The Australian Communications and Media Authority (ACMA) imposed the penalty after an investigation found that Upside.Digital sent, and caused to be sent, a significant number of marketing emails that did not clearly contain the name and contact details of its clients who authorised the sending of the messages.
Also, while Upside.Digital had consent to send emails to recipients on its own database, the ACMA said it was unable to demonstrate that consent had been obtained for other emails that it caused to be sent through a third party.
Upside.Digital operates as part of an affiliate marketing chain, sending advertising emails on behalf of clients and providing these emails to other third-party marketers to send to their own customer databases.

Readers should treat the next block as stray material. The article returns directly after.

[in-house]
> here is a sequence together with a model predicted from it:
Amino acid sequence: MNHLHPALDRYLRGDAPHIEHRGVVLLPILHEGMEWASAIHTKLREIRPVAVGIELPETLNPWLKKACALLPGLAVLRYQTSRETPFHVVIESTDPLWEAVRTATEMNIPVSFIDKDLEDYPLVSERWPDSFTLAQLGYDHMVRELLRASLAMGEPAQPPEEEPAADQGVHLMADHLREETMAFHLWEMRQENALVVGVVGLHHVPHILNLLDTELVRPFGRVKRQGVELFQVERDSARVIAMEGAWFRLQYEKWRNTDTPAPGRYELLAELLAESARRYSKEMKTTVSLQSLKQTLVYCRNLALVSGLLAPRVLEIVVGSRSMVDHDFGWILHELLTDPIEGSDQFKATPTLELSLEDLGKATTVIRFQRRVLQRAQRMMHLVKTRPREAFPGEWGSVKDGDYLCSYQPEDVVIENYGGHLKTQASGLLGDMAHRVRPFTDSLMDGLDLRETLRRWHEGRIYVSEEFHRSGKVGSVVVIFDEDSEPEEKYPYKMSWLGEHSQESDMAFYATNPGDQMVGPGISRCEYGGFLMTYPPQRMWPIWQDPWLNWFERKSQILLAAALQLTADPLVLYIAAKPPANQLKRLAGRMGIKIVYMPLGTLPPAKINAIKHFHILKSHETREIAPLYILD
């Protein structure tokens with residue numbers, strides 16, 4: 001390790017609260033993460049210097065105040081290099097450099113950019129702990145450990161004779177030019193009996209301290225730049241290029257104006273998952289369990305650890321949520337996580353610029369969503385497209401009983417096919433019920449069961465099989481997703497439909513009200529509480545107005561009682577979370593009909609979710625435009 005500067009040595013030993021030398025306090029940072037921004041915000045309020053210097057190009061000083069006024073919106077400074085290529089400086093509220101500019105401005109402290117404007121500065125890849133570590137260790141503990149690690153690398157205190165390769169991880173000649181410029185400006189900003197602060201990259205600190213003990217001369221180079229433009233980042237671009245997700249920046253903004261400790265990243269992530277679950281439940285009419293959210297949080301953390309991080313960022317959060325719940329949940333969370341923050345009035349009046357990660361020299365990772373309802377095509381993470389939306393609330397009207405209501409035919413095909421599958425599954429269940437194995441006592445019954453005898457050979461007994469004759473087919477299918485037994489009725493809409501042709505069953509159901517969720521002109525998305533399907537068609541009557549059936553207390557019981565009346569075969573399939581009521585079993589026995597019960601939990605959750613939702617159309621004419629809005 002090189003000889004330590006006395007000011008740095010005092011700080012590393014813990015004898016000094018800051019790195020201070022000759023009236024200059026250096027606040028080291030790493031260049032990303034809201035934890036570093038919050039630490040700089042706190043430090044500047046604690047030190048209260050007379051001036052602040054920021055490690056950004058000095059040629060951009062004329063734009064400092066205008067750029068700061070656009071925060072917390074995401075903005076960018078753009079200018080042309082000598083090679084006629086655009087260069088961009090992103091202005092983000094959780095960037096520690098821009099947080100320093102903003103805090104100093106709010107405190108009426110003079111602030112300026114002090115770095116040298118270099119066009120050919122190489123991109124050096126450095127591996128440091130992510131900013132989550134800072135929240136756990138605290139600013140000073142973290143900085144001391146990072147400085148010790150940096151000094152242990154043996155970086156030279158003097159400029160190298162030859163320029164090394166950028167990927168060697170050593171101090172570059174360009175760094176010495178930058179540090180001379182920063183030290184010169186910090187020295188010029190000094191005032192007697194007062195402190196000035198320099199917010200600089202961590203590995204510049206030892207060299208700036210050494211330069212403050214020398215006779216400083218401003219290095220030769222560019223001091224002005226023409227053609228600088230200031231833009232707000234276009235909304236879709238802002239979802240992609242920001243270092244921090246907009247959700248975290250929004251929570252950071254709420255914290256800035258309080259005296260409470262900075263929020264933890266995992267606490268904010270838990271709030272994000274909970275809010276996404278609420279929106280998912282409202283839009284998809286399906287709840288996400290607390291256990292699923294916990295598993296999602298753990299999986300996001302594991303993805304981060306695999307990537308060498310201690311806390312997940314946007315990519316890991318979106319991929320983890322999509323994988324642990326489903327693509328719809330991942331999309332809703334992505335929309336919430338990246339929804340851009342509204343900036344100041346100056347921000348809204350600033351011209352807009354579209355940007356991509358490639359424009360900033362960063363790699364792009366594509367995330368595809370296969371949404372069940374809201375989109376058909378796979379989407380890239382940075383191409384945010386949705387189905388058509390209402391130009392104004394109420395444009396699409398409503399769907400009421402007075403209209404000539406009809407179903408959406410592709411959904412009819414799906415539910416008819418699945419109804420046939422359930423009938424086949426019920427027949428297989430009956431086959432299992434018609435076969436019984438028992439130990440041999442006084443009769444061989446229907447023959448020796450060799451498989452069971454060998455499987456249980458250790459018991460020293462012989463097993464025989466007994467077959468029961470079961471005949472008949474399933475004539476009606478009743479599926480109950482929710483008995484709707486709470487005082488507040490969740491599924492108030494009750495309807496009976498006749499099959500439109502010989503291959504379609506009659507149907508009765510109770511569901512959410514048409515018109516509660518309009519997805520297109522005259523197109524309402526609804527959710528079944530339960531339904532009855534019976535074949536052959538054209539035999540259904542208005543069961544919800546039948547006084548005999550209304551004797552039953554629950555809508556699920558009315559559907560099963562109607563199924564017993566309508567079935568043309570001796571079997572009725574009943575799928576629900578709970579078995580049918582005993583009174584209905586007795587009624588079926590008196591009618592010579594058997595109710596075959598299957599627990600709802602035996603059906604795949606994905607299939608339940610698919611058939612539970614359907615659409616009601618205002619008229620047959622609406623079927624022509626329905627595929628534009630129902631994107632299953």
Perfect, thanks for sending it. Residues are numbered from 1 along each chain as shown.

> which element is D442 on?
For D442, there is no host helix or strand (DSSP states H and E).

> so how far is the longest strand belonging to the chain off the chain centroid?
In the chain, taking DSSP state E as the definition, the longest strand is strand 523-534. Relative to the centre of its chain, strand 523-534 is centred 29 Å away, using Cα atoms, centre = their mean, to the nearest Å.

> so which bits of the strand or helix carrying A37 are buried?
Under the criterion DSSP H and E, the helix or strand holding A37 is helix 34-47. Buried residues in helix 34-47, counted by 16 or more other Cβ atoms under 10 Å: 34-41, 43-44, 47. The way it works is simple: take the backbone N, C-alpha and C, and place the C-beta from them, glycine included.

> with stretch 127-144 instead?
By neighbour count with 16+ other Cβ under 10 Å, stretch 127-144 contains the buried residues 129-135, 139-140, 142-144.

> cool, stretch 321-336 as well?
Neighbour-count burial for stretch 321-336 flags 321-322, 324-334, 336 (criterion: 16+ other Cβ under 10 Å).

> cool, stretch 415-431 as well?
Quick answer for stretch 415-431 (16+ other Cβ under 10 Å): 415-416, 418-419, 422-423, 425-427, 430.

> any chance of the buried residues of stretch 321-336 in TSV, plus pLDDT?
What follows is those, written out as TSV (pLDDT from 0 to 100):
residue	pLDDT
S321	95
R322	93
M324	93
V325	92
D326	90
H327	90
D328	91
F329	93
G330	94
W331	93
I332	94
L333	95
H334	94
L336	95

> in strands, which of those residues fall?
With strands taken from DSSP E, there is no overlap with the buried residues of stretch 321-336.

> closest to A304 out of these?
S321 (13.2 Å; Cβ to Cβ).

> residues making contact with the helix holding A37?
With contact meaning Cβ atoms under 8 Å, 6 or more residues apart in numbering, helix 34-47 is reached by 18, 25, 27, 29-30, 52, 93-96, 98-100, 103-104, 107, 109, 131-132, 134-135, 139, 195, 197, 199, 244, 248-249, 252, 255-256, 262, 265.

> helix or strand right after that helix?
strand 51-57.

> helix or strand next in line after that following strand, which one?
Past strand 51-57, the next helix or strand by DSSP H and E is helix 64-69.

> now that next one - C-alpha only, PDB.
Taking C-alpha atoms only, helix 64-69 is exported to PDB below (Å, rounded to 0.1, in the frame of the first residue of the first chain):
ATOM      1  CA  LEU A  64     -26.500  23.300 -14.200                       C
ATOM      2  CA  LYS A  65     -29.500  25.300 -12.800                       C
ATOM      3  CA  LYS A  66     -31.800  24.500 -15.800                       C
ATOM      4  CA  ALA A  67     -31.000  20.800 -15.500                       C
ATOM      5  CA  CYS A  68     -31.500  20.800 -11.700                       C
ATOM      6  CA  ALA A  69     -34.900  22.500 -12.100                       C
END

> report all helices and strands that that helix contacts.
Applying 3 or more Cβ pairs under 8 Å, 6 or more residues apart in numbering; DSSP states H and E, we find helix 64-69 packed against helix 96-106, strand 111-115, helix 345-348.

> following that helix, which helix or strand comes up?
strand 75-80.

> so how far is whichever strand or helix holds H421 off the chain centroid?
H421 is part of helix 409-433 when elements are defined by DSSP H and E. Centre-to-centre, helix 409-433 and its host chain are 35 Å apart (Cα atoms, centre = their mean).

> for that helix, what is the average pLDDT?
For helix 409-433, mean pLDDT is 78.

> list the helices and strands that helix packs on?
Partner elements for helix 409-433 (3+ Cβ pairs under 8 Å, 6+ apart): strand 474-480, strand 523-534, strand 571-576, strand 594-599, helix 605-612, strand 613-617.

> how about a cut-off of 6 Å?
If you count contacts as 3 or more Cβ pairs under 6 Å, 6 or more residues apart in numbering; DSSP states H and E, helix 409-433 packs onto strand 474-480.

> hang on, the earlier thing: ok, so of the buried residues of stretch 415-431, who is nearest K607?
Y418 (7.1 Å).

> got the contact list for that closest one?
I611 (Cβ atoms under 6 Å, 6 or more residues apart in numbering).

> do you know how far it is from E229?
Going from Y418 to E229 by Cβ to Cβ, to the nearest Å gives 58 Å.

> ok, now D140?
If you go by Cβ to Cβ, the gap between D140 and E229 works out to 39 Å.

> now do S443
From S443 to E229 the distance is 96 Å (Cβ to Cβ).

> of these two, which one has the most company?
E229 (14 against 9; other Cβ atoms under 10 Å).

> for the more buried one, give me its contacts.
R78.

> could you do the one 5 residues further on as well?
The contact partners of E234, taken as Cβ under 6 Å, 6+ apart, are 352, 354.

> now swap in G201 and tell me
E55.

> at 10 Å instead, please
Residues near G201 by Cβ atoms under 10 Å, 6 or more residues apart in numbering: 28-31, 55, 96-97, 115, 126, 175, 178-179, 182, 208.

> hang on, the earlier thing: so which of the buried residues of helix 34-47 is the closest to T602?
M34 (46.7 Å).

“Advertisers also need to be able to prove that consent exists for all messages they have authorised, irrespective of who sends them.”
Under the Spam Act, e-marketing messages are required to include clear and accurate details of the entity that authorised the message and, typically this is the business whose product or service is being advertised.
And the authoriser and sender of the message also bears the burden of proof to establish that consent was obtained.